Should I Get Dental Implants for Missing Teeth?

Written by Prevent Tooth Decay on June 3, 2016. Posted in Dental producers, Gum disease treatment, Periodontist

Oral hygiene

If you’re missing teeth, you’re at risk of bone loss and drifting of neighboring teeth. When you lose a tooth, the jaw bone that originally supported that tooth will begin to shrink. Known as resorption, this is bone loss is the natural result of losing stimulation to the bone. Resorption will cause the bone to lose height and width and can begin almost immediately after a tooth is removed or falls out.

If you’re missing teeth that are adjacent to each other, not only will you be at greater risk of resorption, but your other teeth may begin to drift over time. The teeth alongside the gap may begin to lean over. Likewise, the teeth above the gap may shift down, into the vacant space. This drifting and shifting can alter the height and contours of your gum tissue, exposing adjacent teeth to periodental disease or dental decay.

According to the American Association of Oral and Maxillofacial Surgeons, nearly 70% of the adult population between ages 35 and 44 have lost at least one of their permanent teeth to an accident, gum disease, an unsuccessful root canal, or tooth decay. Whether you’re missing a single tooth or missing several teeth, having a dental implant to replace the missing teeth can help prevent matters from getting worse.

What are dental implants?

Dental implants are not a recent invention – – in fact, they can be traced back to 600 AD. Of course, the procedure is significantly different than it was back then, but it’s also far more common. As many as 3 million people in the United States have implants. Each year, that number is estimated to grow by 500,000.

An implant is composed of two main parts: the endosseous implant, which replaces the root of your missing teeth, and the implant crown, which replaces the part of the tooth you can see.

What is the dental implant procedure like?

During implant procedure, you’ll be given local anesthesia to numb the area of the missing teeth. There are two steps to the procedure: first, the implant must be inserted in the bone. Once the implant has fused to the bone, you’ll need to return for a second visit to attach the crown, or visible part of the implant.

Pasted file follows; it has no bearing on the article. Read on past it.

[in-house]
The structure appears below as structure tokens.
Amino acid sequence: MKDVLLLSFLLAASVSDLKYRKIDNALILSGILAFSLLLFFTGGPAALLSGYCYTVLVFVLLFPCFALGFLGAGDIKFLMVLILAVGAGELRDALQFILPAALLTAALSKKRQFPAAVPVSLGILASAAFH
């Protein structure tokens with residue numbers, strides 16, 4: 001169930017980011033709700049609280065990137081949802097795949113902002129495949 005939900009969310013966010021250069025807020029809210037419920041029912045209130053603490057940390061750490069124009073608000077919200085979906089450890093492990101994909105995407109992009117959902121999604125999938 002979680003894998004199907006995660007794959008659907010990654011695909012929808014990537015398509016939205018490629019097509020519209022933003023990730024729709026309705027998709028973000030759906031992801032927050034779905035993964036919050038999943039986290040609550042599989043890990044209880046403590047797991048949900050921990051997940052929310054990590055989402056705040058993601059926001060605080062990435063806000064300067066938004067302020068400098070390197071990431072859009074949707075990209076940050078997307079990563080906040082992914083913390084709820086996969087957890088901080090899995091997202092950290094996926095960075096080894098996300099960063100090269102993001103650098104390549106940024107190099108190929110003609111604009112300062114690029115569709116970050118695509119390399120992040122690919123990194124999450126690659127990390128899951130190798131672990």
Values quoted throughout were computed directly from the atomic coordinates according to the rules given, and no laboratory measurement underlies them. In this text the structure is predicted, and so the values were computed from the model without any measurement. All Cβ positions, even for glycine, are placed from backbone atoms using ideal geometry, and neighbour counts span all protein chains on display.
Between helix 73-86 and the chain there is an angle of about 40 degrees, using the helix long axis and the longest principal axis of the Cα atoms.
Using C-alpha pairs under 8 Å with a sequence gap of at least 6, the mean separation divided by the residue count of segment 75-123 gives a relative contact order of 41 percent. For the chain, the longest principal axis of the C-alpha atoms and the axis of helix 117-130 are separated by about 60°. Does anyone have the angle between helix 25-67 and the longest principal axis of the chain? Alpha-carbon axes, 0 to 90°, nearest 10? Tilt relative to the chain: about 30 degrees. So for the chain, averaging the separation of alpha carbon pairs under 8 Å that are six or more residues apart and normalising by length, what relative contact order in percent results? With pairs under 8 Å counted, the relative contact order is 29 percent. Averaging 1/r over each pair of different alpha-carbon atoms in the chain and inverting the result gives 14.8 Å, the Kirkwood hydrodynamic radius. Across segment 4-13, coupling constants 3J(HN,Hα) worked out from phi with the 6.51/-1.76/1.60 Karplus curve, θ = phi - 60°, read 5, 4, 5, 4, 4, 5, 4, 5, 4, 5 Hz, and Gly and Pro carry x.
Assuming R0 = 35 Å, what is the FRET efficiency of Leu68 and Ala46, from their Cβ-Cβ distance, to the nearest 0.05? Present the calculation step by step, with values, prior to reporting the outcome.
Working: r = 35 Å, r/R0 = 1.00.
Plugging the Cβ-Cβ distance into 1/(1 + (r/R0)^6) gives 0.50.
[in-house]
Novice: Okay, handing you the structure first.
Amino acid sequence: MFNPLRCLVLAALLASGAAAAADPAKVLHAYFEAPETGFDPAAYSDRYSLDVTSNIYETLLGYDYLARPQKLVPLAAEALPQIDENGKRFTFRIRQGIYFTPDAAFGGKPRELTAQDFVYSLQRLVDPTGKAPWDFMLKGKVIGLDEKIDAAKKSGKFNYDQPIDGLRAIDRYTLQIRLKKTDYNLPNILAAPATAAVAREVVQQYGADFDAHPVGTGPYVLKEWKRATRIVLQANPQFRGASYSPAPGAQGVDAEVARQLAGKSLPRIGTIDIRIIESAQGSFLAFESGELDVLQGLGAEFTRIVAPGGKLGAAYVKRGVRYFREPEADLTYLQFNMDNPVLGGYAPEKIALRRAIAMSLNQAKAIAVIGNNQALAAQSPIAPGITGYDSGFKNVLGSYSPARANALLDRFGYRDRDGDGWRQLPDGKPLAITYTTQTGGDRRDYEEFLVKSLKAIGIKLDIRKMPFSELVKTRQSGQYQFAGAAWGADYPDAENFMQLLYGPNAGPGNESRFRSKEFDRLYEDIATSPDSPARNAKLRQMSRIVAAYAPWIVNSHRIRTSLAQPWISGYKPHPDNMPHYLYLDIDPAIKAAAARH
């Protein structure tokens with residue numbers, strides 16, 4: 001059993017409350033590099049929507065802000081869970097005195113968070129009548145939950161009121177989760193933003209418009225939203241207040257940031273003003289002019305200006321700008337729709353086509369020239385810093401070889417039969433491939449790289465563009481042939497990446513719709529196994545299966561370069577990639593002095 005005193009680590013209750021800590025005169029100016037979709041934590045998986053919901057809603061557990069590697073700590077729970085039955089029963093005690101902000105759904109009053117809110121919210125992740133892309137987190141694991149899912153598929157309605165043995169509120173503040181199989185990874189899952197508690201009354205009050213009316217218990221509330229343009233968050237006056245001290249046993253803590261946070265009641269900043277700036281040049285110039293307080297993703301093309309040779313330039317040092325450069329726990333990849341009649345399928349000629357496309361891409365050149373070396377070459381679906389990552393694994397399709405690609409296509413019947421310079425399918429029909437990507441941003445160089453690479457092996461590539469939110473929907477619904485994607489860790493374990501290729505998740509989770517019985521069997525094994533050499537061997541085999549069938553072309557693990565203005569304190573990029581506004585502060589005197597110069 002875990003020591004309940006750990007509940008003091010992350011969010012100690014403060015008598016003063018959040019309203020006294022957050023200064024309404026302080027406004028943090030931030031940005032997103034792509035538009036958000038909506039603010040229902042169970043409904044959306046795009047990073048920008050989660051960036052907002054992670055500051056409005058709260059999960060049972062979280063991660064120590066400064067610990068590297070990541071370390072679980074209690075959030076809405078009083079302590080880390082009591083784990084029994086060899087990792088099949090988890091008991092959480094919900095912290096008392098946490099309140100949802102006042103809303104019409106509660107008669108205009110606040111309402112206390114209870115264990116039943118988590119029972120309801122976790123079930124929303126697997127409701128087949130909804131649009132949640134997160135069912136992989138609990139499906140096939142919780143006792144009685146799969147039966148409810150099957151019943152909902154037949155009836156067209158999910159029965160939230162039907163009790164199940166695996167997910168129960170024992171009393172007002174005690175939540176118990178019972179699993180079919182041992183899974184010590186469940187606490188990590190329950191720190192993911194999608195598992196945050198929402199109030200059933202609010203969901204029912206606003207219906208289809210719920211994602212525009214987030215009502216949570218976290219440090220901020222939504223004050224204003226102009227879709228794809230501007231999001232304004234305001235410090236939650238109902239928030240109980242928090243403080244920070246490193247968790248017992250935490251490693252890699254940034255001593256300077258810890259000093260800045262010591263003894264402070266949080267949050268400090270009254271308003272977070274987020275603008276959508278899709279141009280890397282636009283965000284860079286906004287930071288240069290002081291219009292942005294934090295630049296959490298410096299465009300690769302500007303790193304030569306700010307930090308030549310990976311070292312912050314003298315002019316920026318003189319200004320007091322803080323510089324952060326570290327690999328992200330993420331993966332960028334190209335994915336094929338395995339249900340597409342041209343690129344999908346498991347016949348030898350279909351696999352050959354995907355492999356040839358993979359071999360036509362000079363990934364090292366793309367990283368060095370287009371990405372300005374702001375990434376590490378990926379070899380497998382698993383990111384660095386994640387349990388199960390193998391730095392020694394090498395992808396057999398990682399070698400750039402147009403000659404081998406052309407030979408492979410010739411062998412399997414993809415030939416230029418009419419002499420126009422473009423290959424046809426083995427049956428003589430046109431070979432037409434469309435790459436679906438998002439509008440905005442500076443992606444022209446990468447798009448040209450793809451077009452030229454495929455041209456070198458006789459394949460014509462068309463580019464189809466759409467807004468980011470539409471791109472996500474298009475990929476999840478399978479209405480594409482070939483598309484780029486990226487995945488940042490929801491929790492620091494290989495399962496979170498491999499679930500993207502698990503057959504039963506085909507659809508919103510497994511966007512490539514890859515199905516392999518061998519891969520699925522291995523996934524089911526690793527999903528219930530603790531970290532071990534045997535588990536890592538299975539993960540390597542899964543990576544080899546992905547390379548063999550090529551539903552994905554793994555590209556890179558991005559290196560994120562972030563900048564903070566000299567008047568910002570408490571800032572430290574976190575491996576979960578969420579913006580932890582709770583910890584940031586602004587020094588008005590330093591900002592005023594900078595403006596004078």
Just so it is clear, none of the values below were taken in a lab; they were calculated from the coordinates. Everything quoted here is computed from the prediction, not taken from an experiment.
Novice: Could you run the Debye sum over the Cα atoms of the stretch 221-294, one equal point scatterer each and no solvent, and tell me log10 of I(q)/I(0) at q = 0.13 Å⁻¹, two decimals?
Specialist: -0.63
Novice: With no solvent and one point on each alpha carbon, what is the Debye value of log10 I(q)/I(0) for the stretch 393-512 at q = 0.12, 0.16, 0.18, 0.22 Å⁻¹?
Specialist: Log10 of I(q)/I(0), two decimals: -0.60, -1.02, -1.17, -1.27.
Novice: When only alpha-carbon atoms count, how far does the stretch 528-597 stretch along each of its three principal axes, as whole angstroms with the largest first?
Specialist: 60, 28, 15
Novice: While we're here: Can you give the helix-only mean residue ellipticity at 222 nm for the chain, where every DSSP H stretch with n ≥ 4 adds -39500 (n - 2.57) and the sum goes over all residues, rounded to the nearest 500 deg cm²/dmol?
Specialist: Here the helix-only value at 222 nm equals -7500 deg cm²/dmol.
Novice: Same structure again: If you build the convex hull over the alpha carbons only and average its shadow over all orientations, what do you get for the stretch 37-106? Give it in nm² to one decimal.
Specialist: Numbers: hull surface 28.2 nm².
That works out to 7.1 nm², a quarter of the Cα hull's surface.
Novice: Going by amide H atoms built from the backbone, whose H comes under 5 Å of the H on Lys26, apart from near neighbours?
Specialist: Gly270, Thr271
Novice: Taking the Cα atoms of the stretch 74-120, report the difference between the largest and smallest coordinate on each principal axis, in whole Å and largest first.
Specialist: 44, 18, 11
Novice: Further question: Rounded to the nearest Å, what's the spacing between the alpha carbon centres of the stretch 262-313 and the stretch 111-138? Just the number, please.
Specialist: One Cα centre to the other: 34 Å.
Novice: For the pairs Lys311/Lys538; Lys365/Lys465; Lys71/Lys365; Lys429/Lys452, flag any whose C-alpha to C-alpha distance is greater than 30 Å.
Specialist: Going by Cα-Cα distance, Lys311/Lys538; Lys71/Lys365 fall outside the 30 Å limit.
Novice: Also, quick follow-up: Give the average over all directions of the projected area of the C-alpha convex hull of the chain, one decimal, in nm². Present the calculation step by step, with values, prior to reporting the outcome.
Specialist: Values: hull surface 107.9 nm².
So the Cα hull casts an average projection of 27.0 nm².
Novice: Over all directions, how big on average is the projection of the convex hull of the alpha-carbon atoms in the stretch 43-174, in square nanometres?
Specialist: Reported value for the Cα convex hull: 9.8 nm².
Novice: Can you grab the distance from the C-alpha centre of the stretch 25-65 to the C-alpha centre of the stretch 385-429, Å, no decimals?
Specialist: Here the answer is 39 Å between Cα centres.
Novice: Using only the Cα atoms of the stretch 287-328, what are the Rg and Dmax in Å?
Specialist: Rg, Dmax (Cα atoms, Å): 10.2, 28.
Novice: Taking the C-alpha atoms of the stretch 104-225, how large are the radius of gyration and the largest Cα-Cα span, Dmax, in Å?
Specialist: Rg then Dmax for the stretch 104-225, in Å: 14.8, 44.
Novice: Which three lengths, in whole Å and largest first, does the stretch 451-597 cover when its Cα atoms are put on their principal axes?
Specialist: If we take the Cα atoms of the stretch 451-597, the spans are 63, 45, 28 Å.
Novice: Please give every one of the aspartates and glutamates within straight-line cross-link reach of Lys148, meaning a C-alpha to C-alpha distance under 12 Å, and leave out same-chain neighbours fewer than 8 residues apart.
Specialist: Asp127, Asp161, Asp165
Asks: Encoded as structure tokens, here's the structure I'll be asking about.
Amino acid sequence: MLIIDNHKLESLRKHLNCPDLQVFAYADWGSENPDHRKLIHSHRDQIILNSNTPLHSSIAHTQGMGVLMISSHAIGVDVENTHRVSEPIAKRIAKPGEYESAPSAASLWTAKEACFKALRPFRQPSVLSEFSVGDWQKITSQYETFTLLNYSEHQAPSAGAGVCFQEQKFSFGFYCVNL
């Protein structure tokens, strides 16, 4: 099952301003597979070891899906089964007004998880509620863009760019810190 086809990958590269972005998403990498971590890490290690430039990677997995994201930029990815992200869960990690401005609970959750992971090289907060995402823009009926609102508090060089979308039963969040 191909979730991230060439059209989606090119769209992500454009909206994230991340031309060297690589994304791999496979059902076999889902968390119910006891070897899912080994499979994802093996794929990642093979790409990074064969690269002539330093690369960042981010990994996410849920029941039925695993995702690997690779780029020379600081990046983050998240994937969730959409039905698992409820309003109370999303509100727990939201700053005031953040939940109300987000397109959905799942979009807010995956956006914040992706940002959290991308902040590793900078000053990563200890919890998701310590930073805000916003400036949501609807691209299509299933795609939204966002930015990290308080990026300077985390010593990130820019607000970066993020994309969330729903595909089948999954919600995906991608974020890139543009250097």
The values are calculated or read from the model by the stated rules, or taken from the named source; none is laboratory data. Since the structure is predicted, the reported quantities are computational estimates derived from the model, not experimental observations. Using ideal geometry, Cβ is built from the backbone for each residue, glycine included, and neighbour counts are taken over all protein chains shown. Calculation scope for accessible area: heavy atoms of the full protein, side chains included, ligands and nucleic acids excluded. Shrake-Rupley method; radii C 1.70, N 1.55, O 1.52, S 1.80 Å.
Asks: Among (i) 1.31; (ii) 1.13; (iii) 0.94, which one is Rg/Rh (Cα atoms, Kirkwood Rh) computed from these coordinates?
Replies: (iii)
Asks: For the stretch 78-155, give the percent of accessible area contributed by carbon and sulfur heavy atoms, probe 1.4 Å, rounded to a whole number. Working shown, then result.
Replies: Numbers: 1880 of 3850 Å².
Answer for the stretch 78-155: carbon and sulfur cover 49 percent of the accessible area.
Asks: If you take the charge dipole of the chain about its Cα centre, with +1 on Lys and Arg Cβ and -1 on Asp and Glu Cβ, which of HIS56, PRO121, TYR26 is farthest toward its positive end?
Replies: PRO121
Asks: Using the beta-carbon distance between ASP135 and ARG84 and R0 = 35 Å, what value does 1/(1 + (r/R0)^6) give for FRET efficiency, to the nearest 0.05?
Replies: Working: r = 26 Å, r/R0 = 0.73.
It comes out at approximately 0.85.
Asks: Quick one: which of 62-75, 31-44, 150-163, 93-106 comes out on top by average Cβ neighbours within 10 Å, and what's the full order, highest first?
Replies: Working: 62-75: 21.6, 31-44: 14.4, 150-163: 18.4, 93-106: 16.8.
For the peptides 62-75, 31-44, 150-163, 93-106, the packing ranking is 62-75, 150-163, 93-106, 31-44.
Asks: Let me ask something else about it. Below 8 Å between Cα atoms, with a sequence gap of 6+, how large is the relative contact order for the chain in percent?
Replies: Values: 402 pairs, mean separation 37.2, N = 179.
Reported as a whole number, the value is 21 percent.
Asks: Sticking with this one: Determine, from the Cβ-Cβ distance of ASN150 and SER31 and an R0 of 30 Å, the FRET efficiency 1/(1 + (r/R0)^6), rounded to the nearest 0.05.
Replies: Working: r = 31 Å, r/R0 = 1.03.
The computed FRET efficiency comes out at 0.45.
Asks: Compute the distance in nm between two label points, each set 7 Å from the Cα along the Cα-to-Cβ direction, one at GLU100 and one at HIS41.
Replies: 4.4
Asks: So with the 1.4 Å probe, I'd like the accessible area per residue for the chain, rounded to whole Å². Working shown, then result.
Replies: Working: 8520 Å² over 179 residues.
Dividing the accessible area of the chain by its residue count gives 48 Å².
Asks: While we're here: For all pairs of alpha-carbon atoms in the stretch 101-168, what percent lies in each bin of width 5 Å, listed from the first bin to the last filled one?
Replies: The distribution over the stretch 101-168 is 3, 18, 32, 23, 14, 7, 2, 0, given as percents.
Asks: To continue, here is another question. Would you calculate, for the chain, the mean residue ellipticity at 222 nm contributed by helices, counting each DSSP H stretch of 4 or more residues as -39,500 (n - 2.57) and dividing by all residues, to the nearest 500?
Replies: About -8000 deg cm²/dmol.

In general, it takes two to four months for a single implant to fuse to the bone. The exact time it will take for your implant to fuse will depend on the density of your jaw bone at the site of your missing teeth. The denser the bone at the implant site, the quicker the implant will be able to fuse. This is another reason it’s best not to wait for an extended period of time before getting an implant for missing teeth.

Once the implant has fused with your jaw bone, your dentist will fit a crown designed to look and function exactly like your missing teeth.

Overall, the procedure is minimally invasive and relatively comfortable. The most you’re likely to feel is some vibration in the implant site. There will be no open wounds following dental implant procedure so you should experience little discomfort after leaving your dentist office.

How successful are dental implants?

According to scientific literature, dental implants have a success rate of 98%. The success rate of dental implants is the highest of any tooth-replacement options. Even if you have relatively low bone density, success remains high.

How long do dental implants last?

The short answer: a lifetime.

What if I don’t get an implant?

If you choose not to have a dental implant to replace your missing teeth, you have a few other options:

  • Do nothing. You could, of course, leave your teeth as they are, missing teeth and all. We’ve already discussed some of the medical risks associated with this, such as bone loss and shifting. It’s important to be aware that having gaps between teeth also make food more prone to accumulate and thus keeping your teeth clean a greater challenge.
  • Fixed bridge. This is probably the most popular alternative to implants when restoring a single missing tooth. The teeth adjacent to the gap are ground down and a bridge is attached.
  • Dentures. Dentures don’t require grinding of healthy teeth, but they’re also less stable and more uncomfortable than implants.